That’s What the Church is Supposed to Do

By Marta Castillo, Pastor at Nueva Vida Norristown New Life

“My mom just said that she can’t handle it!  She is not willing to take care of the kids. She is afraid that it is going to be too much for her. What am I going to do?  I have to go to rehab or I am going to lose my children.  This is my last chance.”

God’s Spirit nudged me so hard I almost fell out of the chair I was sitting in.  The words that came out of my mouth surprised me.  “We will do it.  We will form a team from people at the church and we will support your mother and take care of the children so you can go to get the care that you need.  Don’t worry.  That is what church is supposed to do.  We will work it out.”

helping-handsAnd amazingly, yes, we did.  I sat down with my sister in Christ, the social worker, the boyfriend, and the grandmother and we worked out a schedule of care that included having me sleeping on the living room floor several nights a week so the children could stay in their own home overnight.  The boyfriend covered the nights that he wasn’t working, and the grandmother covered afternoons and early evenings.  We signed the children up for half day summer camp at the program where I worked.  Church members planned special trips to the park, to their houses, and the zoo for the weekends and picked the children and their grandmother up for church on Sundays.  There were offers to help buy groceries, prepare meals, and provide transportation.  The whole team supported the core figure, the grandmother, as best as we could for three weeks.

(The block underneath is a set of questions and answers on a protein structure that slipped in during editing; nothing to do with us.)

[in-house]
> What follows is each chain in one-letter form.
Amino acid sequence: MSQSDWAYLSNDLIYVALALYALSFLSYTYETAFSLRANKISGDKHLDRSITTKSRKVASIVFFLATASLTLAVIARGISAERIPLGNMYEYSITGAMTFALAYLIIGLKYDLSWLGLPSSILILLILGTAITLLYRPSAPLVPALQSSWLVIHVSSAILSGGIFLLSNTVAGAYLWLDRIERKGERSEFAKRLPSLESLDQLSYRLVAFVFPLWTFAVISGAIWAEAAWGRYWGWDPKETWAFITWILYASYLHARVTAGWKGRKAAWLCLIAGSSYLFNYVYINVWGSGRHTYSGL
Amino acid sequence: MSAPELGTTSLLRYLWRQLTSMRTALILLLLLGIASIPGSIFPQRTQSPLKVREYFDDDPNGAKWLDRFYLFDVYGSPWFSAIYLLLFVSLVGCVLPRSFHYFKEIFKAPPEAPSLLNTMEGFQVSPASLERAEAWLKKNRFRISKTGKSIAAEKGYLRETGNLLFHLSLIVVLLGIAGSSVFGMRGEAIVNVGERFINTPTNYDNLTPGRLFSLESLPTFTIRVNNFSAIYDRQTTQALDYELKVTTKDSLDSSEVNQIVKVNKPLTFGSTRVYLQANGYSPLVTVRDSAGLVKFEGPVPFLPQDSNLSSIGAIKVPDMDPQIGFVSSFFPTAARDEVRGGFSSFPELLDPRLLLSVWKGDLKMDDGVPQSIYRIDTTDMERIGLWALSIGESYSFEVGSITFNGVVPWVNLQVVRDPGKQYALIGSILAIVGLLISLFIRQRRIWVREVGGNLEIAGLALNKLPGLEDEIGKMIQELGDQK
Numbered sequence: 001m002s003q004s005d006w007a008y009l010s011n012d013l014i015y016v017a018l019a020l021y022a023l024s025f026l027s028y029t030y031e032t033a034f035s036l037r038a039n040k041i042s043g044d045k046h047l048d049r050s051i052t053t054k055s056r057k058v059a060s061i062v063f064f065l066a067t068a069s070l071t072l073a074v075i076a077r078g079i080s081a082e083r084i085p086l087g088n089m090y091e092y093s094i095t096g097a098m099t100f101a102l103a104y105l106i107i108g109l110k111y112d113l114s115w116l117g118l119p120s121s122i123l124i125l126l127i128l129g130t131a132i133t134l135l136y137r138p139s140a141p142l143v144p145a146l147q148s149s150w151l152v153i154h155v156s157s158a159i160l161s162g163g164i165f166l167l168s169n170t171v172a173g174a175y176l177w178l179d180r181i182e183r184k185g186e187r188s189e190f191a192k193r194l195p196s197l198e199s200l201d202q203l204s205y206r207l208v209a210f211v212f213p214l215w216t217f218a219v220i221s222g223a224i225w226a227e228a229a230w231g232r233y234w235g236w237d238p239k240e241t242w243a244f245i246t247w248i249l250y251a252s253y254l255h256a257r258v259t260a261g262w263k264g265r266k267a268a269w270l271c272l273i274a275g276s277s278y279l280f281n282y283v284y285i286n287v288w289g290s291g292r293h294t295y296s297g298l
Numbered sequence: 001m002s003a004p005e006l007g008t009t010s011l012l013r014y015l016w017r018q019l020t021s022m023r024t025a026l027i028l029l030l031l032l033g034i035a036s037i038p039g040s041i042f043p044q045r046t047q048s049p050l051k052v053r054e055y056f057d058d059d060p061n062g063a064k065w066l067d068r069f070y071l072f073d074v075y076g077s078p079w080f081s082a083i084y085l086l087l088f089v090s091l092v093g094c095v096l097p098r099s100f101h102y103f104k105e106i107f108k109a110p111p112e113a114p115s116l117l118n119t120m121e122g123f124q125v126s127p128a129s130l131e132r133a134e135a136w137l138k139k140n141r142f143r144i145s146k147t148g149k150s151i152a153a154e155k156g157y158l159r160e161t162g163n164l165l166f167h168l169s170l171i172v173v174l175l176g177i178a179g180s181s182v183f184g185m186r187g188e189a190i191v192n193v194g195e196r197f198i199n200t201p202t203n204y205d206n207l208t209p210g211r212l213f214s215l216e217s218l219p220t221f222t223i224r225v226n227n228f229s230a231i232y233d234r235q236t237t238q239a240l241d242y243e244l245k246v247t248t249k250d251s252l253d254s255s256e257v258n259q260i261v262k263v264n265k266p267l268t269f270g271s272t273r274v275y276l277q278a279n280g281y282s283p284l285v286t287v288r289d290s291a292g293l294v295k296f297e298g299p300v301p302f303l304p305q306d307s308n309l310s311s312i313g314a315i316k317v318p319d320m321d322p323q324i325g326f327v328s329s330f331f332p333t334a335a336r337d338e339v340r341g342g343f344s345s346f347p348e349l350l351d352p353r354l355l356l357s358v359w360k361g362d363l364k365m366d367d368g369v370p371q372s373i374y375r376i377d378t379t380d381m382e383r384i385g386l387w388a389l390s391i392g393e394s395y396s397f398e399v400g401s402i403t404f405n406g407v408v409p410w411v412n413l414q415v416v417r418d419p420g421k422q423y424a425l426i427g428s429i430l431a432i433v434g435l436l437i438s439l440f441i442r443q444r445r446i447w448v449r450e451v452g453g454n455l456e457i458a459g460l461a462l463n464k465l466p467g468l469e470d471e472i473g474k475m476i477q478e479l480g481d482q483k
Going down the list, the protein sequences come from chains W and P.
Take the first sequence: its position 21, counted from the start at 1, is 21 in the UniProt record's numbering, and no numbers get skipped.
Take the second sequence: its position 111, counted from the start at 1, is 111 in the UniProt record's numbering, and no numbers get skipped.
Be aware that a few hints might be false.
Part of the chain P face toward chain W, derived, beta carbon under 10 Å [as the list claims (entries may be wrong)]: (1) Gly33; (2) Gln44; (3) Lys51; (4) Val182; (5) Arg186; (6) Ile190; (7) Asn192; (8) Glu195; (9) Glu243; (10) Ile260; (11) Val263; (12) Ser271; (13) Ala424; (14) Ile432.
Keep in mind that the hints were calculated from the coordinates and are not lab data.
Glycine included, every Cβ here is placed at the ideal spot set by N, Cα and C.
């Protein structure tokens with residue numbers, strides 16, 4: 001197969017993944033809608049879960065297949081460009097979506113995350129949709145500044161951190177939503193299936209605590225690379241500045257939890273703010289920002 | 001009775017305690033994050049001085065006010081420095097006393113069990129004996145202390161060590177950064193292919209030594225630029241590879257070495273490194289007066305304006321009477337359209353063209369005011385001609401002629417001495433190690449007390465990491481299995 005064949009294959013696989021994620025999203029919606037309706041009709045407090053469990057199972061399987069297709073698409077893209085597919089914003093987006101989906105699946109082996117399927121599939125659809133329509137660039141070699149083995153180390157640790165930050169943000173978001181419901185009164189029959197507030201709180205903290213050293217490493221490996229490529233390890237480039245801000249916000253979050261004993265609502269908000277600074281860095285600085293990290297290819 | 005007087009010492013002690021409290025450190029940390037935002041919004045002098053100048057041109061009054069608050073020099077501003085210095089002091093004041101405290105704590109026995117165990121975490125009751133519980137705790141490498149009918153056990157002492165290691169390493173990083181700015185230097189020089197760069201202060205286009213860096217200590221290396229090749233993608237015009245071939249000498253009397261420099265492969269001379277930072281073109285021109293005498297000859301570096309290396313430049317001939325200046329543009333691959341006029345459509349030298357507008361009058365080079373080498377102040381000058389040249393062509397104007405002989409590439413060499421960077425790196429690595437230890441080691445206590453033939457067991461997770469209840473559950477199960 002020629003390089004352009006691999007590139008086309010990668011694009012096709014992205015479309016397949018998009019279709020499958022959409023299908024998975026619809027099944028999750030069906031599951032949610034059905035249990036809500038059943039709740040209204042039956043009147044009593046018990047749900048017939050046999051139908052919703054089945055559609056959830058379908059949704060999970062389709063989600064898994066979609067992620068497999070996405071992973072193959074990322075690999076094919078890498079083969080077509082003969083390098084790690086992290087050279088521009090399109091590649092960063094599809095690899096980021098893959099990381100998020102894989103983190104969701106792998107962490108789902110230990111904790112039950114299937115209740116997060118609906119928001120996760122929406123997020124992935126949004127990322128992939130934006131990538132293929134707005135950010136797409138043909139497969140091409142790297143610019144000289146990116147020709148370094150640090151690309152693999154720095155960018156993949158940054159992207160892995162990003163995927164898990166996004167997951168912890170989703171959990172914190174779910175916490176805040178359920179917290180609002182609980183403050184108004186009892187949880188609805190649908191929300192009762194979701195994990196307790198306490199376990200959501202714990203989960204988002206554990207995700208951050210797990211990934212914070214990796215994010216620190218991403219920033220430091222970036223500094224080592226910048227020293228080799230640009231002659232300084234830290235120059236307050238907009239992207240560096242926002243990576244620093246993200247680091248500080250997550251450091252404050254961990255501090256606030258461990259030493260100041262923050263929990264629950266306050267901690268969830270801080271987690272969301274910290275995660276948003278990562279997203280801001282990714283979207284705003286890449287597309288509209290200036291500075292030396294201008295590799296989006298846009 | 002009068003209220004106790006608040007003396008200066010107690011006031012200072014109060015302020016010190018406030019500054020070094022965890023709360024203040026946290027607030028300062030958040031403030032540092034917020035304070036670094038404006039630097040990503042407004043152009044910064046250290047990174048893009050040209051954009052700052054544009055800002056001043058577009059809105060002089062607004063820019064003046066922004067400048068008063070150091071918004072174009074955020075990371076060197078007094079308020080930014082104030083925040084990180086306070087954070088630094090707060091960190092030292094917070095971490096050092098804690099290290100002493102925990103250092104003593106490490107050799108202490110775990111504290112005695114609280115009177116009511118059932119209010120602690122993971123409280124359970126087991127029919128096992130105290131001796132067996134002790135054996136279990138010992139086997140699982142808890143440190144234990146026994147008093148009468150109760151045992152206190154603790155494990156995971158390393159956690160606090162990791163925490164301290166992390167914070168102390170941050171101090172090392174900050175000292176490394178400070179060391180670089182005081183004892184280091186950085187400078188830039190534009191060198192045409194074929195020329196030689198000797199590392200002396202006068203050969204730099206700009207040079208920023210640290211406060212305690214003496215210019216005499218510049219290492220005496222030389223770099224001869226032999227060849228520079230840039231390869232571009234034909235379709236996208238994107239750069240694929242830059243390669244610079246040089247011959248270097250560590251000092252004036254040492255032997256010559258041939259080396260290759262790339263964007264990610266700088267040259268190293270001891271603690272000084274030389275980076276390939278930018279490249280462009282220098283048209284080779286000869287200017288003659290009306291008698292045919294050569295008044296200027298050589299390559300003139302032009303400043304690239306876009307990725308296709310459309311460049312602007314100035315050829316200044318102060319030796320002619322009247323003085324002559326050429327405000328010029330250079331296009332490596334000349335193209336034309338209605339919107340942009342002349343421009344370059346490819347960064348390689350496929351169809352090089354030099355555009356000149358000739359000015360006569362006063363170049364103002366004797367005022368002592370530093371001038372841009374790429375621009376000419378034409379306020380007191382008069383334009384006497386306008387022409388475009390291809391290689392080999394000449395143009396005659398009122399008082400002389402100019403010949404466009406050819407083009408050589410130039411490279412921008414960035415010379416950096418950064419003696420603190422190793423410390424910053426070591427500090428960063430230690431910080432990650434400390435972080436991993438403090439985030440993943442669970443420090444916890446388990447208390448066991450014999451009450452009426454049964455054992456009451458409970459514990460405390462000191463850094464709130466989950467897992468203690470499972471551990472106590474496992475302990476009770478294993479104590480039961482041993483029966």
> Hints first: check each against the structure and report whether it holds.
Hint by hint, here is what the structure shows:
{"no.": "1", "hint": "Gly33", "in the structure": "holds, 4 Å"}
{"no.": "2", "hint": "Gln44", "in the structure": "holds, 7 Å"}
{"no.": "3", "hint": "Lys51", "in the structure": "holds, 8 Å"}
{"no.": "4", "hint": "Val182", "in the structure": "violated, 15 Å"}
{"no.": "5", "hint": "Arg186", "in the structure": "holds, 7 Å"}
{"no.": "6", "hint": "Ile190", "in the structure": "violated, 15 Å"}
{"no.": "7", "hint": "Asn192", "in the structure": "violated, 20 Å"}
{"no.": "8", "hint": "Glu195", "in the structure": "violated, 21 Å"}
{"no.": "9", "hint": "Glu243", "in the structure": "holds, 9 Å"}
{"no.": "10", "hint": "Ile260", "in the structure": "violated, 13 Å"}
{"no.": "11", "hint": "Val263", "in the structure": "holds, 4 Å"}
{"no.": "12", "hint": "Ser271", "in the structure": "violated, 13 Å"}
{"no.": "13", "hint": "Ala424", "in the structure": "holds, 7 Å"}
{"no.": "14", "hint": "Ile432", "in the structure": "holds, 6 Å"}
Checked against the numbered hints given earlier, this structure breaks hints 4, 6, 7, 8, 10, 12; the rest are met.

Last Sunday, my sister in Christ told me that in June she will celebrate her one year anniversary of being drug-free.  She faithfully attends Narcotics Anonymous meetings, has a job and a car, and has no fear that her children will be taken away.  She is outspoken about the wonderful works God has done in her life and thankful to the team who made caring for herself possible.  Challenges remain, but she knows that she is not alone, her mother is not alone, her family is not alone.  She has company on the hard, long journey.

There are times when acts of hospitality make no logical sense in our culture and even in our church thinking.  Being hospitable is inconvenient and stretches us beyond our comfort zones.  We are not sure of the “how” but we are sure of the “why”.  We must be hospitable to represent the hospitality of our Lord who welcomes all in the name of Jesus.

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